Thank you for your comments Greg. Readers are welcome to view an alternate perspective on the Florida Adoption Reform and Education (FLARE) Facebook page. It appears that you favor the existing law — which already allows both birth and adoptive parents to “veto” release of the OBC to an adoptee — over this bill. Like others in the “all or nothing NOW” camp, your desire to leave no one behind actually leaves everyone behind.
Gregory D. Luce says
I appreciate the comment and obviously disagree with you on the bill and its approach. You refer to FLARE, but that’s a closed group on Facebook, so it’s impossible for many of us who are not allowed into the group to view or discuss your “alternate perspective.” Why not be more open about what you are trying to do and who is specifically behind it?
Richard Uhrlaub says
The focus of FLARE is getting the bill passed– not debating its merits. As you know we have pointed people to your website. Opponents of the bill threaten to (and do) block and ban those with differing viewpoints, or have secret FB pages that not only regulate membership but prevent outsiders from viewing comments. By comparison, dissenters have been allowed to voice their opinions on FLARE, within certain limits. Florida law currently treats everyone equally by giving adult adoptees nothing without the consent of someone else (recently uncovered case law notwithstanding – nice work!). What if a little inequality today might help leverage a different, more desirable equality tomorrow? It has been known to happen. Reasonable minds can disagree, and there is more than one path to the top of the mountain. One thing is certain: for whatever reasons, the current “all or nothing now” approach is not getting the job done.
Gregory D. Luce says
Honestly, your first sentence sums it up perfectly. Pass something, merits notwithstanding. Adoptees deserve transparency as to who is behind the effort. I’ve always made this an issue and have gotten grief about it from many corners when I make a stink about it, whether it was Donaldson or Bastard Nation in the past. This applies more potently to a group that is pursuing a cause directly but does not disclose its leadership or its leadership’s specific interest in a bill.
Mary Ellen Gambutti says
Rich: “What if a little inequality today might help leverage a different, more desirable equality tomorrow? It has been known to happen.”
Really now. Equal=Equal in my book. This is horrendous speak defending an equal rights nightmare.
Thank you, Greg.
Richard Uhrlaub says
I do take issue with your allegation that the 40 year time frame is the core of the bill. The core of the bill is eventual access to original birth certificates for all adult adoptees. Some would gain immediate access; future adoptees have to wait a maximum of 18 years; and those who aren’t in open adoptions (which comprise a significant percentage of the 1977-2018 adoptions) , don’t learn or already know their mother’s name, would have to wait a maximum of 40 years. Keeping the law the same means everyone waits until they get a court order or die.
Gregory D. Luce says
It is unmistakably the core aspect. It is the only factor that is common to every adoptee except the “lucky” post-2017 adoptees. All the other factors you cite are run-of-the-mill contingencies that you find in most dirty OBC access bills out there.
Richard Uhrlaub says
On a related strategic and philosophical note, I would like to ask your opinion about something as an attorney: The foundation of the “all or nothing ” approach seems to be the assertion that access to OBCs is a fundamental right. But, given that federal and state courts have rejected that argument, isn’t this strategy rooted in a legal fiction? If not, why is no one pressing the argument through the courts? Wouldn’t that be the more direct avenue to a “clean” solution? How would you overturn the previous court rulings to win adoptees this alleged right?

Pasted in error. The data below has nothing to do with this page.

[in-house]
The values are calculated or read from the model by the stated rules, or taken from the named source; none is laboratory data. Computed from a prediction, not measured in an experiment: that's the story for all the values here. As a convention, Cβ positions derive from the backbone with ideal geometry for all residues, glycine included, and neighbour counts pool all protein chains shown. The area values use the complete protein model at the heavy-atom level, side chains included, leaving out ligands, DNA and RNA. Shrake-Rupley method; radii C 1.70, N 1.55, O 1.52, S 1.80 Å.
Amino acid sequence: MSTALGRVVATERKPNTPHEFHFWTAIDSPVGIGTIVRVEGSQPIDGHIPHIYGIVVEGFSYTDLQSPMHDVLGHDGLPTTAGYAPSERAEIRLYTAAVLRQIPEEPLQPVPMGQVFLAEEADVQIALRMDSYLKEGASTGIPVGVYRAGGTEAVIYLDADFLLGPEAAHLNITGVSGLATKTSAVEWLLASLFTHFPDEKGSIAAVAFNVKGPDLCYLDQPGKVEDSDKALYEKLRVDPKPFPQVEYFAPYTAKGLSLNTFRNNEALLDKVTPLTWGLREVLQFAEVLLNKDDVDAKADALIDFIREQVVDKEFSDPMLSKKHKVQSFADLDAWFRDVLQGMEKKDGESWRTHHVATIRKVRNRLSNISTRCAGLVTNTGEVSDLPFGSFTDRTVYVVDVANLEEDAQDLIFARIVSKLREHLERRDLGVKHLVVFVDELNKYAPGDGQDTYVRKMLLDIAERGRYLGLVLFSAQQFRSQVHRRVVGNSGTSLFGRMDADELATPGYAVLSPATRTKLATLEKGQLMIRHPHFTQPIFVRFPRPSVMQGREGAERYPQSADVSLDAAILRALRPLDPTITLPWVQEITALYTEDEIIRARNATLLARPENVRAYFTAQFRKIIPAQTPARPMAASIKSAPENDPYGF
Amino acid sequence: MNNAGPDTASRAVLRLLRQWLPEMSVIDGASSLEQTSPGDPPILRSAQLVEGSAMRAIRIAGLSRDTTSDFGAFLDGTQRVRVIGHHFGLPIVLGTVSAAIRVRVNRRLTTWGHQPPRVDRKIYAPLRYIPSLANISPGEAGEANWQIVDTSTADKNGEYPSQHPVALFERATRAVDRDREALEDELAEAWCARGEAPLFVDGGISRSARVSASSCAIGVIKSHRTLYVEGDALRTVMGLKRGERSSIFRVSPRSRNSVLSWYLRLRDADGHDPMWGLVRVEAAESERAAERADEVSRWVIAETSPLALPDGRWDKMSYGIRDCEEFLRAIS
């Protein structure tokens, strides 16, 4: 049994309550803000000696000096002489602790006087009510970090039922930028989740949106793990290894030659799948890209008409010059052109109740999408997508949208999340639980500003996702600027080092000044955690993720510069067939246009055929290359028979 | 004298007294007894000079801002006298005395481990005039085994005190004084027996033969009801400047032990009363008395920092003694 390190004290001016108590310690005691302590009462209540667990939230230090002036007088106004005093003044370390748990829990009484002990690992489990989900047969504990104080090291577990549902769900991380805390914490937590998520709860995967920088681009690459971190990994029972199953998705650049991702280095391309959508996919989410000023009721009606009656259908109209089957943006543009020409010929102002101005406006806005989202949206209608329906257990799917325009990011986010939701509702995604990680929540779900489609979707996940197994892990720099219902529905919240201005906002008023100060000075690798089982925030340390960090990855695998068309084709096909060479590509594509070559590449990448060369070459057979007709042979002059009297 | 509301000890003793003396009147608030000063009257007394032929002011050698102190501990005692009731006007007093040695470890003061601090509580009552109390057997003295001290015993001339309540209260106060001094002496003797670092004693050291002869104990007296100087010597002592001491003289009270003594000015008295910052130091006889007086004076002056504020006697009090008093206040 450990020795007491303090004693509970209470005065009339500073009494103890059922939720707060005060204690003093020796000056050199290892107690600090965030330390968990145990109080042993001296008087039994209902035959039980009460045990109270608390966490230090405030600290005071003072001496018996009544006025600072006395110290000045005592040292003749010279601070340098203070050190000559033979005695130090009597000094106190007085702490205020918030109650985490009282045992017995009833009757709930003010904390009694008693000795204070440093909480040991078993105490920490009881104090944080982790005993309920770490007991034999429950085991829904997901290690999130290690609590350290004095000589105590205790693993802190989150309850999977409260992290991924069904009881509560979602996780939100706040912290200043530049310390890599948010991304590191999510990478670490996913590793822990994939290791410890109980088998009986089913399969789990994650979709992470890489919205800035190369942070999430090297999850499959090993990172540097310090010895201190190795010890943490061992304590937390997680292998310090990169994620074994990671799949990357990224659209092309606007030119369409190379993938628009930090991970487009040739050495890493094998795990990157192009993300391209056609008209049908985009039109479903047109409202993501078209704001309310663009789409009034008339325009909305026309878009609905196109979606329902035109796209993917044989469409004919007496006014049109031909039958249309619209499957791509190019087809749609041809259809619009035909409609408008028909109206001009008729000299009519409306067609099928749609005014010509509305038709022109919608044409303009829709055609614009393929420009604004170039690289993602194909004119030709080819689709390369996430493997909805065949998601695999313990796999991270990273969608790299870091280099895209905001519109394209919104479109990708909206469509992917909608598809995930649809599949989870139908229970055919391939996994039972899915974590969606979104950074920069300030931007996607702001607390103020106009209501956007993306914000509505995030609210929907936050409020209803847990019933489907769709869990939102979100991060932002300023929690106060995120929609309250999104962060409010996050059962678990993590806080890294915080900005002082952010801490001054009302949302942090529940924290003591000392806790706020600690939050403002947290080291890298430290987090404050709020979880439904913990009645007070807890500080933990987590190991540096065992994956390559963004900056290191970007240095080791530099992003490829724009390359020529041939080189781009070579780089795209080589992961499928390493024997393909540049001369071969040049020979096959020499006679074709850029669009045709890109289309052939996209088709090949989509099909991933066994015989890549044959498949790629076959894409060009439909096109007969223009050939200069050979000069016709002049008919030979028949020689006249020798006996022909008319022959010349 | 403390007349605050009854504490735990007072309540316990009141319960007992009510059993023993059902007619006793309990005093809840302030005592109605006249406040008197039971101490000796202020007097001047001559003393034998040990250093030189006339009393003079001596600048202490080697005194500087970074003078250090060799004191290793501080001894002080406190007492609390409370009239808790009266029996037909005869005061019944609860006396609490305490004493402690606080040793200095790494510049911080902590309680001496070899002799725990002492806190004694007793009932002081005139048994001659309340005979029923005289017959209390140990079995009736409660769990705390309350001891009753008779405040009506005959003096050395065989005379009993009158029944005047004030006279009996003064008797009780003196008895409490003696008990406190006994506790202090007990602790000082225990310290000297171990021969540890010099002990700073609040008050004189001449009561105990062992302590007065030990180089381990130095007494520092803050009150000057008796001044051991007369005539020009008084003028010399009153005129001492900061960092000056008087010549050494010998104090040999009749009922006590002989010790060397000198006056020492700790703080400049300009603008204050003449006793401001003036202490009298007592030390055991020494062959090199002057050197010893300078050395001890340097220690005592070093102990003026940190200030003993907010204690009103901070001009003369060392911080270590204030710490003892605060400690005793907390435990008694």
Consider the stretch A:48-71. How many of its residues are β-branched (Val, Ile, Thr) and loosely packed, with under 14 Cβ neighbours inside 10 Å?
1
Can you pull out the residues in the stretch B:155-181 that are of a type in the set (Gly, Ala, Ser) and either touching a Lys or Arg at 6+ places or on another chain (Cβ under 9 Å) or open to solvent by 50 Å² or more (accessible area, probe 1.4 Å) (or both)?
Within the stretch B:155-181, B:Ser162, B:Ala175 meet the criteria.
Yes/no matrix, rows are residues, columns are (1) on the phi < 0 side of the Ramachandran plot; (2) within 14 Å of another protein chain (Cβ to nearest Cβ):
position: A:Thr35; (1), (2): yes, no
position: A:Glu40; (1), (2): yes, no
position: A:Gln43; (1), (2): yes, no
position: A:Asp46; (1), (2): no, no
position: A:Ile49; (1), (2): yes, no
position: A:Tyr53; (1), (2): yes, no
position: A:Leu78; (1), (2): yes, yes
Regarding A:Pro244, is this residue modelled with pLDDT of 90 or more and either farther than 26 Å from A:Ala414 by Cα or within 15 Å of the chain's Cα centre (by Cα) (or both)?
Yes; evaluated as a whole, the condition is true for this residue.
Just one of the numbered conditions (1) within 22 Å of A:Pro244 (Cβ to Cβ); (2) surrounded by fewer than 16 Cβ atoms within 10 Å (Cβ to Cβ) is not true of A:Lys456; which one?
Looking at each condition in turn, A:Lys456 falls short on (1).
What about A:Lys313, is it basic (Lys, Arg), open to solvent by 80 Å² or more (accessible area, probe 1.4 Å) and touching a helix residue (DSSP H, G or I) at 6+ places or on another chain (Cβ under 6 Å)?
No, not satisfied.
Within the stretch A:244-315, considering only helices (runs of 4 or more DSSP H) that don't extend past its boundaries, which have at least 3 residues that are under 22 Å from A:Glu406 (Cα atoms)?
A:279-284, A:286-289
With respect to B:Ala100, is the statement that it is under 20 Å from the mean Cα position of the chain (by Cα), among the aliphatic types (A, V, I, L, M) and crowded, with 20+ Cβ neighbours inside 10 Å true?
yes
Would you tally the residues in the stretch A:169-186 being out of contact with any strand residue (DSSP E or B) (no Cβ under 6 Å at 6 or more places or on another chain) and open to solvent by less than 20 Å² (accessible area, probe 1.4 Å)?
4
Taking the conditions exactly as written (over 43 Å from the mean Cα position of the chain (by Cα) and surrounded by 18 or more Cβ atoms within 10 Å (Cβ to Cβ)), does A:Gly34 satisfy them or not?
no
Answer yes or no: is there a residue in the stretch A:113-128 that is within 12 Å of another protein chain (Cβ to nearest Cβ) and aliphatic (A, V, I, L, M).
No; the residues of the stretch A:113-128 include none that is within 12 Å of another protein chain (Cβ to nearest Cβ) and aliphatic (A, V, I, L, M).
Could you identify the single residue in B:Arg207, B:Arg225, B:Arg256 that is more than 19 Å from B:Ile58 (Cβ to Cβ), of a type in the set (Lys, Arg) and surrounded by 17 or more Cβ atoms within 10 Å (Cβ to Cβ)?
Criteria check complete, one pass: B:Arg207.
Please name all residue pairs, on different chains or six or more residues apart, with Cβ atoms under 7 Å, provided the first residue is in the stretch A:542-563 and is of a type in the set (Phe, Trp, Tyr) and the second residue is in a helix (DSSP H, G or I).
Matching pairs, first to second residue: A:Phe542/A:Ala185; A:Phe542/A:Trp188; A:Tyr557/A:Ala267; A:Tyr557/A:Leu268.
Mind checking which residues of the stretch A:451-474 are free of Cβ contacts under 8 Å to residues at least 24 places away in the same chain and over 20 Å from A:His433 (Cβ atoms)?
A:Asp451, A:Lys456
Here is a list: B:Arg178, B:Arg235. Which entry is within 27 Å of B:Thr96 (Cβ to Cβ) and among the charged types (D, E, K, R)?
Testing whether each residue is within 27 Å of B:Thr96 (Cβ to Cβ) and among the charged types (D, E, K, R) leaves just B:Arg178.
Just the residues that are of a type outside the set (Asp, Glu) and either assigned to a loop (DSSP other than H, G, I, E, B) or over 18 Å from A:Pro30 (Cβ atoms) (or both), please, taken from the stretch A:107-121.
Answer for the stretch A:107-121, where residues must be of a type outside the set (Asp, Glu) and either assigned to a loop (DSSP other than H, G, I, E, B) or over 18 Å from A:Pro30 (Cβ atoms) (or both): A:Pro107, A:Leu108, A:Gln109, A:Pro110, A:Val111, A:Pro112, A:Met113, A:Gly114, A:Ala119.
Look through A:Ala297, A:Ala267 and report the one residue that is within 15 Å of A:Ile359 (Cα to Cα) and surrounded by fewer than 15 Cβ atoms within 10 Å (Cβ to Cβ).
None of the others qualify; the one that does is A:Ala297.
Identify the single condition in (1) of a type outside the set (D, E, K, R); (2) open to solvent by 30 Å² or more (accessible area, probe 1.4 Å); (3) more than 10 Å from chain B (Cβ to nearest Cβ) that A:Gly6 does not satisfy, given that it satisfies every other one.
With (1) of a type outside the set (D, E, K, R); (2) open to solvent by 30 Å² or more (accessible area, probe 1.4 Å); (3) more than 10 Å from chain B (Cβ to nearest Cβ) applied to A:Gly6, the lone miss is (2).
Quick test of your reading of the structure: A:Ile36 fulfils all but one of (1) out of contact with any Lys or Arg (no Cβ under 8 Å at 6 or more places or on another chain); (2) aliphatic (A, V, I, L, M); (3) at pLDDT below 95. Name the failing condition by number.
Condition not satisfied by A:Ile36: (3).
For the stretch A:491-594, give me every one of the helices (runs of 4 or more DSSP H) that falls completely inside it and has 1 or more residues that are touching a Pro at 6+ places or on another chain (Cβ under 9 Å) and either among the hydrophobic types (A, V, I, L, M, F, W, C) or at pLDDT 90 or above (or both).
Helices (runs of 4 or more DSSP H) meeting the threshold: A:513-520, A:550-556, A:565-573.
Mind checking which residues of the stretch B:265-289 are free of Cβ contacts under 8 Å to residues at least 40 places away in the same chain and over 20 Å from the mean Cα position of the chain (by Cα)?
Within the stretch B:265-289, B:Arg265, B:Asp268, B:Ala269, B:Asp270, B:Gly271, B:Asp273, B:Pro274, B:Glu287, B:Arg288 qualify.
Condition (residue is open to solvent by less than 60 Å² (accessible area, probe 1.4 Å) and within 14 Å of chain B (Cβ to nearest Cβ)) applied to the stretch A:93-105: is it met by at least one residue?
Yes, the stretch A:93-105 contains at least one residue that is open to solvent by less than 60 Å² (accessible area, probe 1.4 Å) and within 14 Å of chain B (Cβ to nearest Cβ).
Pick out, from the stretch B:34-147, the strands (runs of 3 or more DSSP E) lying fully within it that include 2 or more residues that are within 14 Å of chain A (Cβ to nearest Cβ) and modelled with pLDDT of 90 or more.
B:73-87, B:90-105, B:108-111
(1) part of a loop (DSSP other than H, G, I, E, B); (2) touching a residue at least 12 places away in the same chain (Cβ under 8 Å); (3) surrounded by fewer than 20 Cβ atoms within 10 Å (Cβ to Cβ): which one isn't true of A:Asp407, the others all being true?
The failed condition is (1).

Gregory D. Luce says
This issue is one that can’t be covered here. It’s too large and complicated to do within the context of a blog comment, plus it’s something that is developing and I hesitate to lay out a legal strategy and tip off folks or get folks excited and running haphazardly in the wrong direction. That said, it is something that has to bubble up from states, and it takes development of local attorneys who understand the issue or can work with attorneys who do. Are there solid legal theories of equality of access based on rights? Yes. But a fundamental right as is defined today? That’s a legal term of art and there are few fundamental rights recognized by the courts. All I can say is that this issue is my main focus and it is under development.
Shea Grimm says
The notion that one needs judicial recognition of a right in order to believe in it, hold it dear, and fight for it, is not only ahistorical but intellectually bankrupt. There are countless examples of discrimination where the oppressed, be they women, people of color, or LGBTQ, fought for decades or centuries for legal recognition of their rights, often winning local victories along the way, before judicial recognition of their rights occurred.
Moreover, the case law on this issue is extremely limited and old.
It’s not been an uncommon strategy in other social justice movements to take a multipronged approach to eventual judicial recognition of rights, where advocates started with local and state governments. As a wave is produced, the judiciary often comes along. This is precisely why veto or tier bills or similar are such a problem and equality activists oppose them – they implicitly and sometimes explicitly reinforce the notion that it is birthparents’ right to anonymity that controls. And that is ironic in light of your argument that a right without judicial acknowledgement is no right at all, because courts like Oregon and Tennessee explicitly rejected the right of a birthparents to anonymity,